I’m now a decade deep into my programming career, so today, I figured I would write down some of my favorite time-saving hacks and functionalities.
Hopefully, some of them will be new to you, or even get the same kind of head-slapping “how did I survive without this before”.
The ToDo Explorer
I remember watching over the shoulder of an experienced colleague when I was still an apprentice, and every second sentence out of my mouth was “how did you just do that?”
A lot of those were keyboard shortcuts, but I remember being actively stunned when I discovered the ToDo-Explorer thanks to him — after like two years of my apprenticeship. That thing changed my life.
In essence, all it does is collect your comments that start with // todo, and it’s a great practice to run through that little window before you commit changes or create a pull request.
And another nice benefit is how it allows you to quickly jump between classes and functions you are working on — complex solutions can really mess with your ability to find things.
The Shift-Alt-L shortcut
This is highly specific to Visual Studio and ReSharper, but I assume other IDEs have similar functionality.
You use it while your cursor is in your editor window, and it will then open the solution explorer, and mark the currently active class in your folder structure. This sounds simple, but it’s a total game changer.
Before, when you wanted to find your class in the tree view, you would have to scroll up, take a look at the namespace, then navigate the folder tree until you find it. This easily takes a minute or two and lets you lose your focus — and now, instant. And you don’t even have to scroll up and lose focus of your currently active line of code.
I often use this to check small things, like “Am I working on the unit- or integration test BaseSetup class?”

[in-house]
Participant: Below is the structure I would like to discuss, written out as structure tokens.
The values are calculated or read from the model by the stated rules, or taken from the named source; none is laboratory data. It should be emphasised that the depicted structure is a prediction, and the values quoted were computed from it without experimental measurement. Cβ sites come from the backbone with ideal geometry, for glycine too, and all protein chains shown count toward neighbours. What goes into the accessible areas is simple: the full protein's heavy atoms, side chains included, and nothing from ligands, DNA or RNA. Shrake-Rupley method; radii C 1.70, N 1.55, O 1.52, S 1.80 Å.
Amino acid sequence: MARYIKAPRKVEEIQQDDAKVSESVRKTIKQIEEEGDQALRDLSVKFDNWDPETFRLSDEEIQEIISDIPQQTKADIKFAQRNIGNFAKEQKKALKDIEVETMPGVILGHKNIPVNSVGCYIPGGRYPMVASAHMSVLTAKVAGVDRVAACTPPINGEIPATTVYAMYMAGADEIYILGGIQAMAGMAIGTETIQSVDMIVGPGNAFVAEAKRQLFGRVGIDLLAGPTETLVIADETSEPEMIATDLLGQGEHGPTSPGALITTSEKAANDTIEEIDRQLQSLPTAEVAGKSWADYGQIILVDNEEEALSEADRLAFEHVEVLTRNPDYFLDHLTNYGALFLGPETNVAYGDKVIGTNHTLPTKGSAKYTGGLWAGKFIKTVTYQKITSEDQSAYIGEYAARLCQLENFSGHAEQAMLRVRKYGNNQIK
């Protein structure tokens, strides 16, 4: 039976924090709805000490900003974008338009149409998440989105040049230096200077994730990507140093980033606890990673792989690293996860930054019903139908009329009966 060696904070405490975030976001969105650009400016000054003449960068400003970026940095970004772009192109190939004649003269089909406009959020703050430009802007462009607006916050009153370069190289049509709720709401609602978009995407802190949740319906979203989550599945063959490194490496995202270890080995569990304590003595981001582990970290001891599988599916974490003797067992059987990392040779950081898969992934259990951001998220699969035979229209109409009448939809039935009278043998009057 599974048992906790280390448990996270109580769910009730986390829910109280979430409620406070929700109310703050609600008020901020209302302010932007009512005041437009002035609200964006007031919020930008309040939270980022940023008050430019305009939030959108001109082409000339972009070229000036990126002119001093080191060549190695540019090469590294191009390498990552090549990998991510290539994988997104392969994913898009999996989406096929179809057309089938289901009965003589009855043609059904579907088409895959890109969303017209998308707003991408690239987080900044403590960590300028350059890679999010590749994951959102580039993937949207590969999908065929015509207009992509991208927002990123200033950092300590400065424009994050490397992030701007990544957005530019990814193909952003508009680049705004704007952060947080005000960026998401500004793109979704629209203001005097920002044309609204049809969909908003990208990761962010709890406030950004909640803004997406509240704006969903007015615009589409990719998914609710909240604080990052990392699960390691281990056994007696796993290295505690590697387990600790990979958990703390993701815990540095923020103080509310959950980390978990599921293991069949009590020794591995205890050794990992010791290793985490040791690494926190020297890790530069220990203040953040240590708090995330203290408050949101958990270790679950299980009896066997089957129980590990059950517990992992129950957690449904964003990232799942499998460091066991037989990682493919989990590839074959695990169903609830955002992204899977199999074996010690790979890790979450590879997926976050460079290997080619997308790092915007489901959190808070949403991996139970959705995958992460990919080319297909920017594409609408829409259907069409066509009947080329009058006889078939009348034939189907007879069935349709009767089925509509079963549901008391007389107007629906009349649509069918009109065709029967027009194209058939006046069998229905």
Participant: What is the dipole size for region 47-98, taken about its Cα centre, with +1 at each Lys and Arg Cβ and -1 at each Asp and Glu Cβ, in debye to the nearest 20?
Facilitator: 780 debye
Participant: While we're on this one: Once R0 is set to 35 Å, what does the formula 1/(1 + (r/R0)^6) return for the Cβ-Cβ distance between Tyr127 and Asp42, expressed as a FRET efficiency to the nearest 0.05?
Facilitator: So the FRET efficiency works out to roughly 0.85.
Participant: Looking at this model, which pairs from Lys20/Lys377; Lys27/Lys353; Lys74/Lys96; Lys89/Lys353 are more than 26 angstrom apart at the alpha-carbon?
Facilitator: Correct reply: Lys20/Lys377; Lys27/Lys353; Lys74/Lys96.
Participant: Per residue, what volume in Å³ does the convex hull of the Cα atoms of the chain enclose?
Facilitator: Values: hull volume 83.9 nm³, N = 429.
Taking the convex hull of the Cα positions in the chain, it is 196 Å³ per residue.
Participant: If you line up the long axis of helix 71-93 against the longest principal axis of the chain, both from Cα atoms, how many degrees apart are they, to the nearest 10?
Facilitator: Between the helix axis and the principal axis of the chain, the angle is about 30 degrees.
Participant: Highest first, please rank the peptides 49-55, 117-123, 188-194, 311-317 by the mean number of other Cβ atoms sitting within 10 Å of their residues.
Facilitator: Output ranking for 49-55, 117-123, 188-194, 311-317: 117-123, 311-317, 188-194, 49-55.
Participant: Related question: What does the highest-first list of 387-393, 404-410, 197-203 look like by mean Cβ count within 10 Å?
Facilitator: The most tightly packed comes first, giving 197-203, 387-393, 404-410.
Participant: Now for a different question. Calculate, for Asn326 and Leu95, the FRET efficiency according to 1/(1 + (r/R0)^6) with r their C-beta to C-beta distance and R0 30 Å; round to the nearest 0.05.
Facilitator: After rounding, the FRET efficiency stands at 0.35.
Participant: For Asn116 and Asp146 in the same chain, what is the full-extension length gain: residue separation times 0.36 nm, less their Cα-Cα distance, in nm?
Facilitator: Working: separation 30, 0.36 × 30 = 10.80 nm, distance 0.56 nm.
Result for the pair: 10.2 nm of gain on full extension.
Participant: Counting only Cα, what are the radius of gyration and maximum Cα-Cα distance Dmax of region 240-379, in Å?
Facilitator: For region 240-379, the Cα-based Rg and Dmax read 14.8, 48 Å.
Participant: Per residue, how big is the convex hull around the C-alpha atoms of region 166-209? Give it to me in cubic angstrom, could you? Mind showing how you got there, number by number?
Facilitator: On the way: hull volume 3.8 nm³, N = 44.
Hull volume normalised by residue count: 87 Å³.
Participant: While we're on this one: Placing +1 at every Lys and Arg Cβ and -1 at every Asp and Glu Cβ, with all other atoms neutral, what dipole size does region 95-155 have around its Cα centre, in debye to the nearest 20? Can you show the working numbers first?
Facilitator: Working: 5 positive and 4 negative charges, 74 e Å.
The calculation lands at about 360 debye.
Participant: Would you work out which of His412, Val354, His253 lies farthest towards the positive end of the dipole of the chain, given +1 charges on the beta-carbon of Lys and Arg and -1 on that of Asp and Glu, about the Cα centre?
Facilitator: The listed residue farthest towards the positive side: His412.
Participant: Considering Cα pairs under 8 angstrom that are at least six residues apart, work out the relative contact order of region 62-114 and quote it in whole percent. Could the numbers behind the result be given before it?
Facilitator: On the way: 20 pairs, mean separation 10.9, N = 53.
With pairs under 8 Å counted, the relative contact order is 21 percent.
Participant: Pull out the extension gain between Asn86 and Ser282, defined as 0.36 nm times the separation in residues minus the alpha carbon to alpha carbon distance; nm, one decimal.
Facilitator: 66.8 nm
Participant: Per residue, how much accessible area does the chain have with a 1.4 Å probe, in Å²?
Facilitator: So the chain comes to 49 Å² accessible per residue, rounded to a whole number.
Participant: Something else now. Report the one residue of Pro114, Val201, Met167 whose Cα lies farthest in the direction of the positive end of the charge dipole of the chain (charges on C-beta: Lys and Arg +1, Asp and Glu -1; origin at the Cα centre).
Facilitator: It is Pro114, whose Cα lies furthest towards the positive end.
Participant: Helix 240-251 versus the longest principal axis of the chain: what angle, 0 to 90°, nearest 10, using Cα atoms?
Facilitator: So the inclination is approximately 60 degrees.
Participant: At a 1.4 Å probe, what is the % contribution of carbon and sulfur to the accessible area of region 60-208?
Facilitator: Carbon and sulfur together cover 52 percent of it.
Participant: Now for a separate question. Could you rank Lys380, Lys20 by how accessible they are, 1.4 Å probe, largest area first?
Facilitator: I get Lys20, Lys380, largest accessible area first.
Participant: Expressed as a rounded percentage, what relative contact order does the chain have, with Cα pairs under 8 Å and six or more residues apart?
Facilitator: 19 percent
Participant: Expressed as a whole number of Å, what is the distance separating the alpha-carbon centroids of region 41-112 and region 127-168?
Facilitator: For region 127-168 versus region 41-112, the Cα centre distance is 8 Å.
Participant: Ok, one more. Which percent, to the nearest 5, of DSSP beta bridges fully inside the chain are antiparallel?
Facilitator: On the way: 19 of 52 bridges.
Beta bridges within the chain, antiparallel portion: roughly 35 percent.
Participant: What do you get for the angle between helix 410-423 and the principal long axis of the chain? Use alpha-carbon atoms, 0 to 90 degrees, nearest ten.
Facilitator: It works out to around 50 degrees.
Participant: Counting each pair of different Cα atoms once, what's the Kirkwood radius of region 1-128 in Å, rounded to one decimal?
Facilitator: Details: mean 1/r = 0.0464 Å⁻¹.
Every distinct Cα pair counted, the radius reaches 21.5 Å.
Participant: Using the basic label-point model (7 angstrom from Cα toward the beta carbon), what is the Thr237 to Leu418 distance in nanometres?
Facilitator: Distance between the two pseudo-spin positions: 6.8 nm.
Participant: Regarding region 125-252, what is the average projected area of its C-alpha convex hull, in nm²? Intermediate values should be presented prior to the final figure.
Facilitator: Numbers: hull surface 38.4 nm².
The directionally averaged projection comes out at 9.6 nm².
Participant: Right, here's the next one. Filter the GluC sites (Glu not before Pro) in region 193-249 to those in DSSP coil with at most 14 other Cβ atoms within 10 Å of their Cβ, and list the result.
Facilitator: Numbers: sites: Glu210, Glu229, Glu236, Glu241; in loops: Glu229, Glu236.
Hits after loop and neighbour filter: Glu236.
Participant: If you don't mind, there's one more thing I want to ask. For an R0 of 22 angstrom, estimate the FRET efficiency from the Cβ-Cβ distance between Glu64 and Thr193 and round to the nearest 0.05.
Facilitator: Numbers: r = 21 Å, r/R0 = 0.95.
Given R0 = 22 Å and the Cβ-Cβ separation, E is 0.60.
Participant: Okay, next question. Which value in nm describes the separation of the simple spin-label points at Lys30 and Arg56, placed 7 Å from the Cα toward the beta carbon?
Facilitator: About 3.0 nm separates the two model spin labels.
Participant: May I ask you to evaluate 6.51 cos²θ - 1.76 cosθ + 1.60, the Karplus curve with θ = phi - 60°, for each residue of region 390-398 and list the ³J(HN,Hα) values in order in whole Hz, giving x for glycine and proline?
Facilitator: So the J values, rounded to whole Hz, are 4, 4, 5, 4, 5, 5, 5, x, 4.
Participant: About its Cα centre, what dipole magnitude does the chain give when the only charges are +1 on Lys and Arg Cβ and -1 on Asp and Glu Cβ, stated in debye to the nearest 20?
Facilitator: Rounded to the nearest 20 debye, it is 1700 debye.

I honestly use this key a dozen or more times per day, and it always gives me fuzzy feelings, as well as ‘Nam flashbacks to the time before I learned that shortcut.
The breakpoint window
One thing that routinely messes with me is how debugging code results in like two dozen open tabs. Now, where the heck was that class where I just set the breakpoint?
Visual Studio has a really nifty breakpoint window that you can find through Debug/Windows/Breakpoints — and by god, that thing lives rent-free on my screen real estate.
Outlook sorting rules
Any kind of “real programming” lives and dies by communication. Any kind of “real coding” lives and dies by the lack of interruptions. The balance between the two? Totally unattainable, but that doesn’t mean you can’t try.
It is no exaggeration to say that creating email rules and sorting incoming mail into the right folders will save you an hour each day, and possibly more. The evolution of that is to change which of these rules get to trigger a desktop alert — and then, you’ll likely want to silence your Outlook notifications on your phone to not get notified twice for an email you already read at your computer.
Writing weird shit into bug descriptions
When you discuss any kind of coding question, bug or feature request, you will likely brush past a possible follow-up concern, or your team member talks about a function that you will never remember the name of unless you write it down — so here is your chance to pour all those tiny details into the bug description.
I have linked everything from prior change requests, tutorials, code snippets from a different project — and I always write down which classes are affected if there is a planning meeting where things are discussed. It saves SO MUCH time to simply copy-paste the class namespace into the description, so when you tackle that task two weeks later, you don’t have to spend years to find the entry point that you already found before.
Multiple cursors in VS Code
I actually don’t use VS Code much at work, though at home it is my exclusive editor for more than just code.
However, there are times when I really love the efficiency of how VS Code handles multiple cursors. They are a bit like search-and-replace, only better, and once you get the hang of them, they start to make so much sense. Other people can actually explain them better, I just love to use them.
HTML, JSON files, anything with a repetitive structure — multiple cursors can save you so much time and sanity, it’s unreal.
Database code is another great example, I often find myself pasting Oracle packages into VS Code, turning an hour-long mess into a five-minute task, then pasting it back into the database tool to run and commit the changes. If you’ve ever had to change a function signature in like fifty places, then VS Code will be your friend.
I mostly use Control-D (selects the current word and then the next occurrence of it) as well as Control-Alt-D (creates a new cursor directly under your current one).
Full Article: keypressingmonkey @ Level Up Coding
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